To Push, or Not?
“Learn to distinguish what should be done and what should not be done; the clever soul will always select his opportunity.”
Until your pace is the outcome of calling every shot, there is the concept of “pushing.”
Your goal should always be to hit each target’s maximum scoring area as quickly as possible.
To do that, you must fire each shot at the earliest opportunity, which requires continuously knowing where the barrel is pointing. It is either pointed at the target or it isn’t. While shooting a stage, that is all you ever need to know.
Check BE rockin’ that (sponsored by) Wilson Combat t-shirt, calling shots on The Steel Challenge’s Speed Option. Circa early ’80’s.
It’s easy to understand how your score suffers from makeup shots and poor hits.
What is overlooked, however, is how much more quickly you’d shoot if you were never aimed at a target and not shooting.
Whether you tend to shoot to fast or to slowly, the same medicine cures both diseases: uninterrupted seeing.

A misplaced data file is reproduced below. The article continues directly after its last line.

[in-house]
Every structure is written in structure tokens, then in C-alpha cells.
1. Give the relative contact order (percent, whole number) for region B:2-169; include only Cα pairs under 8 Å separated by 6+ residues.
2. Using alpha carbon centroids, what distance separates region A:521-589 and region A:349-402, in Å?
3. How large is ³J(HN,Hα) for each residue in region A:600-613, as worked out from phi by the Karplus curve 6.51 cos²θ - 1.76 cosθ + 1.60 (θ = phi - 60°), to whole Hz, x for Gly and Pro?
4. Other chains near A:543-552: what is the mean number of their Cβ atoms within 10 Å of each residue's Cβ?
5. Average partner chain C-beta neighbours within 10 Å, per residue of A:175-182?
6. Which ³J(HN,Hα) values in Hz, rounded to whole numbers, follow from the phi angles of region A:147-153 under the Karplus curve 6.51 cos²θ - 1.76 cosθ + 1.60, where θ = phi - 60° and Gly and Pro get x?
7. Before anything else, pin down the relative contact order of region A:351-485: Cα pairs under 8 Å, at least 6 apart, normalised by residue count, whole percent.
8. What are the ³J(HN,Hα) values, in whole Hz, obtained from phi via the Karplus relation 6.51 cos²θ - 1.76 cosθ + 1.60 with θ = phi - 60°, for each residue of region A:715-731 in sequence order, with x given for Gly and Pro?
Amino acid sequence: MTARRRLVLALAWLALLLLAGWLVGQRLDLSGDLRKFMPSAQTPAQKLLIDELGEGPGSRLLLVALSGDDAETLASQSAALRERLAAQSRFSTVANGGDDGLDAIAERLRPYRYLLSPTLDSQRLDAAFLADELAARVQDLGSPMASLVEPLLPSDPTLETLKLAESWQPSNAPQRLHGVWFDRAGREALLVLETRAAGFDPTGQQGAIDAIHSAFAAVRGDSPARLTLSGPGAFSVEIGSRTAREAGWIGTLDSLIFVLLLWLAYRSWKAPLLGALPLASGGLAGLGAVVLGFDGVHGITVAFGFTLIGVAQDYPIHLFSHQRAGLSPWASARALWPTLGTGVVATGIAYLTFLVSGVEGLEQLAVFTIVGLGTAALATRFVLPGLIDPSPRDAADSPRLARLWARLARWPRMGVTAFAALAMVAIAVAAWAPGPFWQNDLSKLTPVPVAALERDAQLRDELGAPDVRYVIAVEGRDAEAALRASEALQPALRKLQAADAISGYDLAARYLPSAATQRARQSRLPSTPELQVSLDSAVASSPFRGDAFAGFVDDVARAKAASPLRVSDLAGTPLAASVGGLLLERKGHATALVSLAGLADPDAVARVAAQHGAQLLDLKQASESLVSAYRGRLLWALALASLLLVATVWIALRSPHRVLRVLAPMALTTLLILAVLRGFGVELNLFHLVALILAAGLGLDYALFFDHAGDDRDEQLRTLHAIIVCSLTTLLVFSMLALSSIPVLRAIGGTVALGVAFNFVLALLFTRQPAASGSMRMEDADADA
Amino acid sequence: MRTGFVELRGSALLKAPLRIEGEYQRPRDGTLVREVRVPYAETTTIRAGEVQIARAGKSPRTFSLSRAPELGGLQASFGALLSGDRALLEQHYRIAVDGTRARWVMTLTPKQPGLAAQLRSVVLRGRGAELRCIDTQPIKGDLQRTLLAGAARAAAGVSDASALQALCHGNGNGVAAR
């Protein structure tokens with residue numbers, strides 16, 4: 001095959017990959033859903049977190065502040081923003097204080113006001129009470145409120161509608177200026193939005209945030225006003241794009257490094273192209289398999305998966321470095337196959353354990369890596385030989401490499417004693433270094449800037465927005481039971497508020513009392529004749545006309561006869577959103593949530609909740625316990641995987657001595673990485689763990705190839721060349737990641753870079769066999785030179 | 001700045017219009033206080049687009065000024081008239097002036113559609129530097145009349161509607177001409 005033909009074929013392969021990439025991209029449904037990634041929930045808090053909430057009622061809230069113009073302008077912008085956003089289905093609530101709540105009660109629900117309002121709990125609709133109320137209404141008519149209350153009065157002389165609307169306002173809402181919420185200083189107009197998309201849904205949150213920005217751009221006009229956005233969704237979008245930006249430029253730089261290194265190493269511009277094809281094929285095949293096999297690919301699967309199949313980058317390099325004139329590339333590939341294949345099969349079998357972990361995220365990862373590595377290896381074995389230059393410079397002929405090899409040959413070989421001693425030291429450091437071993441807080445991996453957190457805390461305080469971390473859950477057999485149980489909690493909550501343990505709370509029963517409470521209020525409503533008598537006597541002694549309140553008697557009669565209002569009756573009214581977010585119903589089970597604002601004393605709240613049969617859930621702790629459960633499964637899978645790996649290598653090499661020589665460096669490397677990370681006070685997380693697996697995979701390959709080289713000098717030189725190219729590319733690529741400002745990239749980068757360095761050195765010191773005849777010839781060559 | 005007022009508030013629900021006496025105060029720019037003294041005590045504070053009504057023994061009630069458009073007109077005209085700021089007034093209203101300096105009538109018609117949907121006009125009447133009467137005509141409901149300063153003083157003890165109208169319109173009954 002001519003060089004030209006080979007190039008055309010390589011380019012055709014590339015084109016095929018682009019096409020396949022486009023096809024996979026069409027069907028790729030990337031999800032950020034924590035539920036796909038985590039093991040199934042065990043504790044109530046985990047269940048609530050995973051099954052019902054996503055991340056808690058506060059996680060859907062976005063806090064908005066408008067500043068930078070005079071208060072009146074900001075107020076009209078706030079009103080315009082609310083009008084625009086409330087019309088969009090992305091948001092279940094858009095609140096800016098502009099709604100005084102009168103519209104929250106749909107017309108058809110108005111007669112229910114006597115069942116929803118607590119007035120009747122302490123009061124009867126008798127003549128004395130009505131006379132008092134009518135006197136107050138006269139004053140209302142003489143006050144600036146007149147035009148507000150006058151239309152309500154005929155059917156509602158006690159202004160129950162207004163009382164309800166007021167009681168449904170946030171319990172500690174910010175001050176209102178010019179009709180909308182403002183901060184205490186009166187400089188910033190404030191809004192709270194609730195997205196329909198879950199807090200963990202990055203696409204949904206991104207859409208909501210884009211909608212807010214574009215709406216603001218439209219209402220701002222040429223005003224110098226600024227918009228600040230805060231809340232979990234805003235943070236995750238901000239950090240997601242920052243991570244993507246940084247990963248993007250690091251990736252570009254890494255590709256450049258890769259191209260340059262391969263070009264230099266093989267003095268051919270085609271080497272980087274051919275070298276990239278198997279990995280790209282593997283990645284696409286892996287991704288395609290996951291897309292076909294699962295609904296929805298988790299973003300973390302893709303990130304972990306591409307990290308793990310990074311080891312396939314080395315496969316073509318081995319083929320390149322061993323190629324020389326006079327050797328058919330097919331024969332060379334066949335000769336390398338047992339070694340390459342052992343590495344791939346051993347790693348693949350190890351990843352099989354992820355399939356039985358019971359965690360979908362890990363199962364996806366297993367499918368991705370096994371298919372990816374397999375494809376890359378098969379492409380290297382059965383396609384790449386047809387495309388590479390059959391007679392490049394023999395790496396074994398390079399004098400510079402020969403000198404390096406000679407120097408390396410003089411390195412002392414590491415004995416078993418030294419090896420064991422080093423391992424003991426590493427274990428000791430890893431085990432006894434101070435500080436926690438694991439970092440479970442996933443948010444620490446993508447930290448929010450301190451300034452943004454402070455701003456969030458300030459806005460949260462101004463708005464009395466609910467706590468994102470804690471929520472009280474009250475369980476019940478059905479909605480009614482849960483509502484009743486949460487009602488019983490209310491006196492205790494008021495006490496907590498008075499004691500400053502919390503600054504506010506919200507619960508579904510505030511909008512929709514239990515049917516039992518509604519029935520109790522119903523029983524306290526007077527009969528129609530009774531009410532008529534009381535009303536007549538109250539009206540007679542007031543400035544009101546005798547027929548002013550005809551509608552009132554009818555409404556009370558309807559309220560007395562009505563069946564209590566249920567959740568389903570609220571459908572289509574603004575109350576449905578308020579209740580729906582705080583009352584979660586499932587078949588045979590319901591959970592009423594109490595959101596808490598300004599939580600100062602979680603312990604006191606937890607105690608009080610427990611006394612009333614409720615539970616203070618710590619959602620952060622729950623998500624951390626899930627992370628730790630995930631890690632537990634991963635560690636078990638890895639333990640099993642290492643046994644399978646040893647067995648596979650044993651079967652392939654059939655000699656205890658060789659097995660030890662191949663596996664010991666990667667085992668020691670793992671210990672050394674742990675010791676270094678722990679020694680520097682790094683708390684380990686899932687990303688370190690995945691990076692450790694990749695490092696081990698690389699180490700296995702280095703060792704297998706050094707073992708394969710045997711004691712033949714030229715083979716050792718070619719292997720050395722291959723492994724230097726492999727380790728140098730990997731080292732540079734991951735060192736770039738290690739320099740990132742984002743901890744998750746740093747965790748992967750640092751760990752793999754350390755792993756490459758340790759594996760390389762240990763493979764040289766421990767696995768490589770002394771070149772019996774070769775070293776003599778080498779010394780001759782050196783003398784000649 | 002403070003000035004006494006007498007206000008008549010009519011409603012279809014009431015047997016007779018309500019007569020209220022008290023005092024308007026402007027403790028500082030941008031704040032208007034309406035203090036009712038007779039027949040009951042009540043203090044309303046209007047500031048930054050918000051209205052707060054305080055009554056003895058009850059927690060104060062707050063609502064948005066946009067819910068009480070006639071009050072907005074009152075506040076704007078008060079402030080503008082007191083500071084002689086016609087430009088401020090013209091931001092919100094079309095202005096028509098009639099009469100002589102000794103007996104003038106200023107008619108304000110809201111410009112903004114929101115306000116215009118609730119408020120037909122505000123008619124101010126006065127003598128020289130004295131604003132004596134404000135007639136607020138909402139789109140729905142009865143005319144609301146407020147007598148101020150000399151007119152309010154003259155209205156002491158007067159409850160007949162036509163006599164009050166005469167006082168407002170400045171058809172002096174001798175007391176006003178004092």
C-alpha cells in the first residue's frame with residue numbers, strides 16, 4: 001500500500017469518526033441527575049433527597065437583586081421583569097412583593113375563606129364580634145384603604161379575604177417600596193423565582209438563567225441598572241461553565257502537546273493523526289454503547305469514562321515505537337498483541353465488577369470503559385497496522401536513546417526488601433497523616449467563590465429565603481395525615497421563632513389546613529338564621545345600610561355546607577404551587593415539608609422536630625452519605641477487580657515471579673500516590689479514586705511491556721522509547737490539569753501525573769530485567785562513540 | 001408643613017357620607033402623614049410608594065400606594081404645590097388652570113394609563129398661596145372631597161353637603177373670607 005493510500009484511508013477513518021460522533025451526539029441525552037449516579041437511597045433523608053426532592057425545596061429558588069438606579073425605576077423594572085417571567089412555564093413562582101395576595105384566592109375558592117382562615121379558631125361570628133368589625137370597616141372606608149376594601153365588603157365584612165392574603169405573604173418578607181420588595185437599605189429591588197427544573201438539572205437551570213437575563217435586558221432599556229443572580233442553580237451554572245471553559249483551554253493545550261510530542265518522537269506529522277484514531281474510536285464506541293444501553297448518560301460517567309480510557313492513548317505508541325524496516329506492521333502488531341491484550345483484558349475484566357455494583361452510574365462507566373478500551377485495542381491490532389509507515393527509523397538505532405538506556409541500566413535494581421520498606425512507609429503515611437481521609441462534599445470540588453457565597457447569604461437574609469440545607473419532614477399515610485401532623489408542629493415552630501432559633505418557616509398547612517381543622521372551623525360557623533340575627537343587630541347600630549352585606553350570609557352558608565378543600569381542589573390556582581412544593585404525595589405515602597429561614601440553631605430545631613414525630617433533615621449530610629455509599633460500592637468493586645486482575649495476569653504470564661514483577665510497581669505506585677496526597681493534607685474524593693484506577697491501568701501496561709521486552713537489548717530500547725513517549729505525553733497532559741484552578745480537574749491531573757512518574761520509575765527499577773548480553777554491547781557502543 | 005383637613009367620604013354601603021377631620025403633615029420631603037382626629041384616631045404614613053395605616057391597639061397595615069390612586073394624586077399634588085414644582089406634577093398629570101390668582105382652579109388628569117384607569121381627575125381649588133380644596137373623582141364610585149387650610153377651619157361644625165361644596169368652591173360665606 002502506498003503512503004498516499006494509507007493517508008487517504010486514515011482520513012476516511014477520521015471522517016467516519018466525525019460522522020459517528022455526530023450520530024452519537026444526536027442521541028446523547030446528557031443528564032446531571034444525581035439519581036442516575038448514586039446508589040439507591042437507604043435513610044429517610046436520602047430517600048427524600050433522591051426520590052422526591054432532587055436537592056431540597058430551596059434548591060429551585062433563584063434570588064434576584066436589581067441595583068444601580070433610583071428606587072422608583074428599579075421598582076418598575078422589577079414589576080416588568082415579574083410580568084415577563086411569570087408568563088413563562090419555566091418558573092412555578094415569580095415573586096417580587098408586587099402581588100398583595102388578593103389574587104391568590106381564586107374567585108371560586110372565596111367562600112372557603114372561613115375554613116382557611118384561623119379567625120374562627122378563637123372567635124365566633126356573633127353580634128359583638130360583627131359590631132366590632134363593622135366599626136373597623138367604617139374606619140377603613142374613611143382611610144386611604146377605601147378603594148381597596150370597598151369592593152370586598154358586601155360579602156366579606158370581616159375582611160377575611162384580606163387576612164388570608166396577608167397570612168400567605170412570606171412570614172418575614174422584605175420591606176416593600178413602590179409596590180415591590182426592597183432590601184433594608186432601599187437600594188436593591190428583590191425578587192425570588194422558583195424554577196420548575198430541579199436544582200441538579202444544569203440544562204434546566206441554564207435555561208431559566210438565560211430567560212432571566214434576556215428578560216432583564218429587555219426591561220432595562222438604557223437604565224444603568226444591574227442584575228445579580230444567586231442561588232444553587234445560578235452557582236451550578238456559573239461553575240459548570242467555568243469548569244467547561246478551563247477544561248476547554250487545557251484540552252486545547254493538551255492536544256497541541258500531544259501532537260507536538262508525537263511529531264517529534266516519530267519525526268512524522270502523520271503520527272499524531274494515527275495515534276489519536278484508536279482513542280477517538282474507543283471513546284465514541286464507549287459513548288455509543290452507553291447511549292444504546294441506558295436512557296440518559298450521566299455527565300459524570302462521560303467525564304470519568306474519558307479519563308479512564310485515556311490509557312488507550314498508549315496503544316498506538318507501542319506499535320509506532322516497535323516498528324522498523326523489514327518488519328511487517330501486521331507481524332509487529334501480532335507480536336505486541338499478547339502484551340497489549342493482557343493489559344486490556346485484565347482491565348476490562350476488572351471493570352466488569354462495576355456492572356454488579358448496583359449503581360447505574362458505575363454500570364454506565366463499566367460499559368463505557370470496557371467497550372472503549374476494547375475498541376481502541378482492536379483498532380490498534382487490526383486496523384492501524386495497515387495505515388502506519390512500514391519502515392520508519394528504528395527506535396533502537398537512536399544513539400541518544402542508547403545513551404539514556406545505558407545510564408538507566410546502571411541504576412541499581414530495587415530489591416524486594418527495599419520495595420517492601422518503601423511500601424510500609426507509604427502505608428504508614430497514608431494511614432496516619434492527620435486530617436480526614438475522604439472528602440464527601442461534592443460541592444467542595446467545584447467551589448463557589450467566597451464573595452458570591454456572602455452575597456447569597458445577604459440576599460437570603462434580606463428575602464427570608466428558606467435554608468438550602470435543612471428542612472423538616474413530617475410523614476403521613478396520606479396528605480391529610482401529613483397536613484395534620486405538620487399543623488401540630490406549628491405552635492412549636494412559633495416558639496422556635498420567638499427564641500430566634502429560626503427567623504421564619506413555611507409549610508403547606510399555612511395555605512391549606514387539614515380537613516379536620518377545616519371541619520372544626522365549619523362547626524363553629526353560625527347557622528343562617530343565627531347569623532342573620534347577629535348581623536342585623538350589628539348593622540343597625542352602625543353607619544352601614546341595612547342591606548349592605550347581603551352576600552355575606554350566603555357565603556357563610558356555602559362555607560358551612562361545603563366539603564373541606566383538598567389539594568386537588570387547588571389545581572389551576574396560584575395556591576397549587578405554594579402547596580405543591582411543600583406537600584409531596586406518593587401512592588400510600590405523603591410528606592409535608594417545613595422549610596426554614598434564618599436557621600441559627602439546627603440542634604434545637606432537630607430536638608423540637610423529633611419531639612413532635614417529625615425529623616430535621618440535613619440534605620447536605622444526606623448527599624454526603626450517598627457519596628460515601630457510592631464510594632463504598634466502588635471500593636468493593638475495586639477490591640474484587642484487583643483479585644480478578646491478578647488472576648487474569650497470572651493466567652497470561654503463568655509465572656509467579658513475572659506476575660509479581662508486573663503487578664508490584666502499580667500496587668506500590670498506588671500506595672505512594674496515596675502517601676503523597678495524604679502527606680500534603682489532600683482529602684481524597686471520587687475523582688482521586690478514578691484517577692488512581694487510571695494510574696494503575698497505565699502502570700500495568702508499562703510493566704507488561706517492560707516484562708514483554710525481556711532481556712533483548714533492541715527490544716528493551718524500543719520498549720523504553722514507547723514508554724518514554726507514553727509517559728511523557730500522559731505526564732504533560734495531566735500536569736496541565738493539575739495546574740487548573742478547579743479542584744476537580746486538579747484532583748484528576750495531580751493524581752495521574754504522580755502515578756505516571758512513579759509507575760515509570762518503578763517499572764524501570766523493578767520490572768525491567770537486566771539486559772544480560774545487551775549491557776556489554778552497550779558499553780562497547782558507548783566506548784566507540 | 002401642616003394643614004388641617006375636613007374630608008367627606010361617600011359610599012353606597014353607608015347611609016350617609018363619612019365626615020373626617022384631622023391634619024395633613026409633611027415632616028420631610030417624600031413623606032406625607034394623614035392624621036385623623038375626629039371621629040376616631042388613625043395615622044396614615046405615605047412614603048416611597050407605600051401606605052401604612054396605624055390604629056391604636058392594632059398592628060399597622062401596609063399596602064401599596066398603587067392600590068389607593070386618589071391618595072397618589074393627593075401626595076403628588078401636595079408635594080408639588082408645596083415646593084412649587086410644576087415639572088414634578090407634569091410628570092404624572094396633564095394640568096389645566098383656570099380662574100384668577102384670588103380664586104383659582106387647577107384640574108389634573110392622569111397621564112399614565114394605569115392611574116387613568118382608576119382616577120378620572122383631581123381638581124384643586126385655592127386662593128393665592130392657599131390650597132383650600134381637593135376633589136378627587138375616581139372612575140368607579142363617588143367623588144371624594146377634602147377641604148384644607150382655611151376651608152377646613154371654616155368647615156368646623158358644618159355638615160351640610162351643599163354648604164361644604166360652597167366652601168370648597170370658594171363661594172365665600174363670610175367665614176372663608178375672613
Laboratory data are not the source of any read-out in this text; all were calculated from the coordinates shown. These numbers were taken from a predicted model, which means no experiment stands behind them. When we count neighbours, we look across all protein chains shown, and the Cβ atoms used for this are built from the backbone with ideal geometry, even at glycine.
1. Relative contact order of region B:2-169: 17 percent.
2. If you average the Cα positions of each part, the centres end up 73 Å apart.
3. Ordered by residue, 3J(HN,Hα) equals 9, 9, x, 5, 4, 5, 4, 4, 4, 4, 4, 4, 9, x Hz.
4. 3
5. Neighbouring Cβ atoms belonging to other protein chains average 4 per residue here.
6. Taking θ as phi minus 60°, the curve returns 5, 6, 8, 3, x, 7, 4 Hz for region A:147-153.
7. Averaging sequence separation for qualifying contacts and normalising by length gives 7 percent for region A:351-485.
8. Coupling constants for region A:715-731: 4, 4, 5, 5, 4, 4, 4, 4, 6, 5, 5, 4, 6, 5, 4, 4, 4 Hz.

If you shoot with too much control, but feel your times are too slow, you must learn to call each shot, sooner. You are aimed at target but not pulling the trigger.
When you’ve trained to see properly, each shot will effortless fire at its earliest opportunity.
Say you typically have uncalled misses or uncalled poor hits. Again, if you always know what you are seeing, that will train you—on its own—to allow your vision to dictate the pace.
Reduce what you want to accomplish to the fundamentals. What must be done to hit every target as quickly as possible?
You must see the target clearly, know the pistol is aimed at it, and hold it there until the shot fires. That’s all there is to it.
I’ll post a new topic each Friday afternoon, in one of two categories. One will be on shooting, and the other will be on living. Or: how I learned to live from what I learned by competing.
Thanks for coming in.